Imperial Splendor: Renaissance Tapestries from Vienna
Posted 6/1/2010 4:16:00 PM
The latest exhibit at the Columbia Museum of Art, Imperial Splendor: Renaissance Tapestries from Vienna, brings eight meticulously detailed, large-scale tapestries to Columbia. The museum is a five-minute drive from my home, but walking into the elegant galleries that house the exhibit, I felt like I might be in a palace in Europe. The works on display are from the Kunsthistorisches Museum of Vienna, known for its magnificent collection of tapestries. Originally, however, they belonged to Holy Roman Emperors King Matthias (Holy Roman Emperor 1612-1619) and King Francis I (1708-1765).
The tapestries depict the story of Romulus and Remus, the twin mythical founders of Rome, supposedly fathered by the Roman god Mars (or by demi-god Hercules, depending on who you ask) and Rhea Silvia, a vestal virgin and daughter of a king. After their birth, the two are left in the wild to die by their ruler, Amulius, who worries that they will grow up and dethrone him. His plan is foiled, however, when a she-wolf hears the babes’ cries and nurses them, saving their lives. The twins eventually become men, prove their royal birth, dethrone Amulius and decide to found a great city: Rome.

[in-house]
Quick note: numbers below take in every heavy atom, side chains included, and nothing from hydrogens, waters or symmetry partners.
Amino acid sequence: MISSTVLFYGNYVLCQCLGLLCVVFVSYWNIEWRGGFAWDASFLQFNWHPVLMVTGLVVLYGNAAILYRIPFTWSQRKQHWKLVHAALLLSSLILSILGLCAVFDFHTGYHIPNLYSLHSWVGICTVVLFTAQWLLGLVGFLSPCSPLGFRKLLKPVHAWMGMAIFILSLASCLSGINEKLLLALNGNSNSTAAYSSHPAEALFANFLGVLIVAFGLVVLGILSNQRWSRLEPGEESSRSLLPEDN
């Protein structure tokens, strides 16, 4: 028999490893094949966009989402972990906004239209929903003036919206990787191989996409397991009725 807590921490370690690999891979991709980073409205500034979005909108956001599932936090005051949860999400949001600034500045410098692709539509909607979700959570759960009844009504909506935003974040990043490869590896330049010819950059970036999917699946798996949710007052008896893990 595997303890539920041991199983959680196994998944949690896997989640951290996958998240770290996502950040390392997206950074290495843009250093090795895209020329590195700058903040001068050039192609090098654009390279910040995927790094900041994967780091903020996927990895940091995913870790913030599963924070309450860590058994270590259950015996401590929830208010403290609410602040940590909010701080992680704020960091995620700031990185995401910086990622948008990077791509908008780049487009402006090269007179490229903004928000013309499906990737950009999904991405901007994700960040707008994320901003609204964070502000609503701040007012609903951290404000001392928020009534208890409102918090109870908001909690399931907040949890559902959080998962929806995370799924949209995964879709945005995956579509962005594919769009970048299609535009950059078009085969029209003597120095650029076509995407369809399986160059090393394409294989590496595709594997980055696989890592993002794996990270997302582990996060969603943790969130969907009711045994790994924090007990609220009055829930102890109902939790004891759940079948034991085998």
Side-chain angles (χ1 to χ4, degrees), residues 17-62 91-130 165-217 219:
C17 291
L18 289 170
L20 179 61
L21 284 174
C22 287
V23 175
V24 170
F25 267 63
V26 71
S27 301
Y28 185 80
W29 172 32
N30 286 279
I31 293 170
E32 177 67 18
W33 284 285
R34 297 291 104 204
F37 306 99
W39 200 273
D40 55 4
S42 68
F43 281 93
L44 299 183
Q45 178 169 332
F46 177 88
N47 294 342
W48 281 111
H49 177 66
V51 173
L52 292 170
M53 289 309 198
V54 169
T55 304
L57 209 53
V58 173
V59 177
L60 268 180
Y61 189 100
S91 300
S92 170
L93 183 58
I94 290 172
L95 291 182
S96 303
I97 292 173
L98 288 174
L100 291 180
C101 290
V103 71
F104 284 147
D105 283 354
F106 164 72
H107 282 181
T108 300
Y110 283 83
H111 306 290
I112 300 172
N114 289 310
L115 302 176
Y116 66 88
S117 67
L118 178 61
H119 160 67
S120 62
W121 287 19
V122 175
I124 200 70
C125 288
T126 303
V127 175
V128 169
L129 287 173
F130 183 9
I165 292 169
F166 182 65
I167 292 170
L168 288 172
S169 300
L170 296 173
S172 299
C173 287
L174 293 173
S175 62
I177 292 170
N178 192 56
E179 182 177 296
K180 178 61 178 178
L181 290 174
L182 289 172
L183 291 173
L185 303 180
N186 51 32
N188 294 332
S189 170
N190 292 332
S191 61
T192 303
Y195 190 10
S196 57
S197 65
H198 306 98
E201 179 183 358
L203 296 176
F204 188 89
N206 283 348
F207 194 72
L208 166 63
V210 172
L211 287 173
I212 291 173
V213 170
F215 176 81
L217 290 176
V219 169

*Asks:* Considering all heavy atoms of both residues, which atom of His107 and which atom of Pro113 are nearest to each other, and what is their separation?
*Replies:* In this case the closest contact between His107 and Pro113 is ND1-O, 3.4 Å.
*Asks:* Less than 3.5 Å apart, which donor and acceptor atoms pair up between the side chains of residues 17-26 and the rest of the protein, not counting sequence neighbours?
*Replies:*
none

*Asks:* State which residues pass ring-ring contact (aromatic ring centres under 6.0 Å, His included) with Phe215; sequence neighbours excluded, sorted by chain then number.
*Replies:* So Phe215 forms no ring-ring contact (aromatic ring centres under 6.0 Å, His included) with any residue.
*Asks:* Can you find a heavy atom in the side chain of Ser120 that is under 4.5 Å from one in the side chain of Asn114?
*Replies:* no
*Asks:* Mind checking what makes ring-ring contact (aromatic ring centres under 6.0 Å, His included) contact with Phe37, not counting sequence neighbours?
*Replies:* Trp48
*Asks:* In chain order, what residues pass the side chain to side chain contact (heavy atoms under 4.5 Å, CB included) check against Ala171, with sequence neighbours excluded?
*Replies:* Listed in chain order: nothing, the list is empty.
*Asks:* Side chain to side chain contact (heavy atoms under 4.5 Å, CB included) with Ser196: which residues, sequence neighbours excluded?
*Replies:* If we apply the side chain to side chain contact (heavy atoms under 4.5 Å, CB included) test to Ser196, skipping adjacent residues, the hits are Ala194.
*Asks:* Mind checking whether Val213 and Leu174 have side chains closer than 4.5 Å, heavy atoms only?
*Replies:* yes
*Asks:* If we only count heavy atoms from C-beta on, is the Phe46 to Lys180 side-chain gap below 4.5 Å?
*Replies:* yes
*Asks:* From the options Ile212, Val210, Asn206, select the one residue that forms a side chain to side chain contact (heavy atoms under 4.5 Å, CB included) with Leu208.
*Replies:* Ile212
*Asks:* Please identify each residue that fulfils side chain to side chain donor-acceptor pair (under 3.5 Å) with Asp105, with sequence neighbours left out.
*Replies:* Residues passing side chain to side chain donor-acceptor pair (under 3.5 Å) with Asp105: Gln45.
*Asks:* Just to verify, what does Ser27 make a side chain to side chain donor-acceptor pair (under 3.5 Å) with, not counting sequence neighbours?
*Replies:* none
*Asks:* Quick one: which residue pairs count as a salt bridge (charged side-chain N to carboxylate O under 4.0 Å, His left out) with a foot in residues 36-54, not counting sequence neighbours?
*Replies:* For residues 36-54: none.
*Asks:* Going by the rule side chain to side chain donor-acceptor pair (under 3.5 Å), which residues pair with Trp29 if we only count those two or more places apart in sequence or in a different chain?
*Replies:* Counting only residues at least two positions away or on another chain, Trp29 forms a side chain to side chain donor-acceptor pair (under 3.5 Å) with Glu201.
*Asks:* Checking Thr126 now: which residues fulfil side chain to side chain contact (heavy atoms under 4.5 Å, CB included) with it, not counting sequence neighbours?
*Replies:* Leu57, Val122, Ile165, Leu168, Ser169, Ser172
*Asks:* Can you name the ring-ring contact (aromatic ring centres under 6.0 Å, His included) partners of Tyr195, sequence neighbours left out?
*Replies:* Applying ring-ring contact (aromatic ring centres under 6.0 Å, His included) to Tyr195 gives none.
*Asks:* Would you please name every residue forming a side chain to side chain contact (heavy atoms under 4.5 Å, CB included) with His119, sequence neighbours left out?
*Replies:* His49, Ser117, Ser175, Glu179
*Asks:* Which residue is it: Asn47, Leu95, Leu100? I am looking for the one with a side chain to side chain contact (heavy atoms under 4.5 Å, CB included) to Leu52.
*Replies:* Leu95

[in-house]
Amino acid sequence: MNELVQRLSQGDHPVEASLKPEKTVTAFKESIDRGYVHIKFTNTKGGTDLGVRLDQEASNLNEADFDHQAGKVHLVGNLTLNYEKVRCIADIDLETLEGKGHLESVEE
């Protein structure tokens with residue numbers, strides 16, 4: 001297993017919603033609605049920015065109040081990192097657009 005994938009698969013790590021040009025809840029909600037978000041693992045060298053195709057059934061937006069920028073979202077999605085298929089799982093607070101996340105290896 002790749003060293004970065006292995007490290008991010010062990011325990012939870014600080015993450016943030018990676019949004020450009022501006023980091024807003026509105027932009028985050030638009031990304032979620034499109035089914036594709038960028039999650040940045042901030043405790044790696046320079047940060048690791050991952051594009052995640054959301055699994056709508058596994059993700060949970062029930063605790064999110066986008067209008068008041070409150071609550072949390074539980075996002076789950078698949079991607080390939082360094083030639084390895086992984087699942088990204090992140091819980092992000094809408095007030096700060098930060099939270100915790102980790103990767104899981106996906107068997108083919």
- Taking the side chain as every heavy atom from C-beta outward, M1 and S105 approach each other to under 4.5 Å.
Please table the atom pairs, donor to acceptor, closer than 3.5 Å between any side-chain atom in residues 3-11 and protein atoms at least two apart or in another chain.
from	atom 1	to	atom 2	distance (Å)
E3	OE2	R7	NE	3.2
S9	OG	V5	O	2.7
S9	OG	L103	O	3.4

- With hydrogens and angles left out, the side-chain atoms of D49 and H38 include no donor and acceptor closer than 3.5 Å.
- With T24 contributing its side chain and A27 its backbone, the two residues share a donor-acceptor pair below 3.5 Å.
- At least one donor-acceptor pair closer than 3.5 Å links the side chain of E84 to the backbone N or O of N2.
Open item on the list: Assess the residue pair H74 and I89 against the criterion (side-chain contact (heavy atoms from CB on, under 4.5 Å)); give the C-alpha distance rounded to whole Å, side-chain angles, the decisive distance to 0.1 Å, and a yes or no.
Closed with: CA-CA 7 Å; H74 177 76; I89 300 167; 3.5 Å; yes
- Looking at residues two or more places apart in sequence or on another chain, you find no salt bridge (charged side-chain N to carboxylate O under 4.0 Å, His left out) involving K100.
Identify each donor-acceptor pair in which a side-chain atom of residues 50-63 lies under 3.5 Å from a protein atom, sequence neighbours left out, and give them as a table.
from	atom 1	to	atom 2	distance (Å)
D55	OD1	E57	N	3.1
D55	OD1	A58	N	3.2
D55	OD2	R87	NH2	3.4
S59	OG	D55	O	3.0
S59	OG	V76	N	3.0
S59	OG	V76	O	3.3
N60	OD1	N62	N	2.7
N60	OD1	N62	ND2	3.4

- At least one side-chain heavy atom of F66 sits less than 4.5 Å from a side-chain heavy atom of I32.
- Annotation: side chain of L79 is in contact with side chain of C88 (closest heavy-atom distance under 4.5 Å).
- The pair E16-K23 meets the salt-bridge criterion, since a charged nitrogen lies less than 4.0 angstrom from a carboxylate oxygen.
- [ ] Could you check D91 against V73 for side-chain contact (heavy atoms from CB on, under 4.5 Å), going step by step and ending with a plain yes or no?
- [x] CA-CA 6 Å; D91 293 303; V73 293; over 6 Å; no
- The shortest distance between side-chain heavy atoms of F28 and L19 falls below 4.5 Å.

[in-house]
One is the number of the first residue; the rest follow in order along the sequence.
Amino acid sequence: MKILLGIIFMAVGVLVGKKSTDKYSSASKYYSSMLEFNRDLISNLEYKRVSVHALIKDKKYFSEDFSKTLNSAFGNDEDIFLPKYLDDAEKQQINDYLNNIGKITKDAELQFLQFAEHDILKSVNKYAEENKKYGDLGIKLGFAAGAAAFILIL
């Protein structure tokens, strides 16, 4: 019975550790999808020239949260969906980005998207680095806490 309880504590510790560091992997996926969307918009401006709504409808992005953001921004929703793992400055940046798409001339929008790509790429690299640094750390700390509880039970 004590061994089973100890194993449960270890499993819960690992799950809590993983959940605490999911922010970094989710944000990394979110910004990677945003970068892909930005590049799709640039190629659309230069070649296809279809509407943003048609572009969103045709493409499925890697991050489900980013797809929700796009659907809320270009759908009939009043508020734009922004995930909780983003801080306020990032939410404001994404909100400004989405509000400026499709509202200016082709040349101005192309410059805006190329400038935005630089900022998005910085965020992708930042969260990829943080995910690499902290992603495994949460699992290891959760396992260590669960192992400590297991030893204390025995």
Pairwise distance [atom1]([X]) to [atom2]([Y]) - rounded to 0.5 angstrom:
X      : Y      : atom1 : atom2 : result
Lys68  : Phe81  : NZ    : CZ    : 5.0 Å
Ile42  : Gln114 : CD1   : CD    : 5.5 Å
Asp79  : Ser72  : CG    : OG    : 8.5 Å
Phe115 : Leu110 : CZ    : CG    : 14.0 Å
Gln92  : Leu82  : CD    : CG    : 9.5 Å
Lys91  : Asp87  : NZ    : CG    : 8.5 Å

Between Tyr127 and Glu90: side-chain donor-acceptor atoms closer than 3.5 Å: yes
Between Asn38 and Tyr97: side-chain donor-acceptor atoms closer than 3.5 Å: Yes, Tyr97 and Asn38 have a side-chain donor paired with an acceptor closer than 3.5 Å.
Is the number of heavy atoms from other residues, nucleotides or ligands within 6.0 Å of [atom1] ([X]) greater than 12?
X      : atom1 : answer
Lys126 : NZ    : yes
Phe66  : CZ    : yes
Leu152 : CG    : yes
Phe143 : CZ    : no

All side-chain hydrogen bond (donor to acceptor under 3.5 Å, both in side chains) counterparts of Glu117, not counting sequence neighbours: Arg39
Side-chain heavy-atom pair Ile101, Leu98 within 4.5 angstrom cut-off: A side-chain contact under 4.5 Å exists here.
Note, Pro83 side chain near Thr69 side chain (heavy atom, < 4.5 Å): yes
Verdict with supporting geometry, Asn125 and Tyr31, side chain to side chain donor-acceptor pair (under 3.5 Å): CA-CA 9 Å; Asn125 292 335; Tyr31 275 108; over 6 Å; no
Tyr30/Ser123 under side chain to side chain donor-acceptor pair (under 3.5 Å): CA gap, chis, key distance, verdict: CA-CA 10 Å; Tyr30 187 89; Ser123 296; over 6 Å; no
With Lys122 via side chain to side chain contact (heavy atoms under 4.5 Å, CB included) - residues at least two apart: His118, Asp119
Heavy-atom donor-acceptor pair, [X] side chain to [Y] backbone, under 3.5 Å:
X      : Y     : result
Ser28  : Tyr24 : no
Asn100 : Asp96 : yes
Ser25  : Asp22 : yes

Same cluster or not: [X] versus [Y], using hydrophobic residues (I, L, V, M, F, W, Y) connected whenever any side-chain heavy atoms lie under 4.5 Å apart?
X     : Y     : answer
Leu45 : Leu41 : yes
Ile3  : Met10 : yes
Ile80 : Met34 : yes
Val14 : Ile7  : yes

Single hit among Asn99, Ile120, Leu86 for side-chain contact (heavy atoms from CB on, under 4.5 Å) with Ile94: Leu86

The tapestries, woven in silk, wool, and gold and silver thread, are newly restored and come from a period when tapestry-making was the elite art form. To put their popularity and status in perspective, the exhibit’s text informs you that when Pope Leo X commissioned a series of tapestries he paid the artists more than he paid Michelangelo for painting the ceiling in the Sistine Chapel.
The Imperial Splendor exhibit will run at the Columbia Museum of Art now through September 19. When you go, make sure to take advantage of the binoculars that the museum will loan you free of charge so that you can really appreciate the intricate detail of the weaving. Also, there are audio tours available, either for download to your mp3 player or over your cell phone. Ask for details at the ticket counter.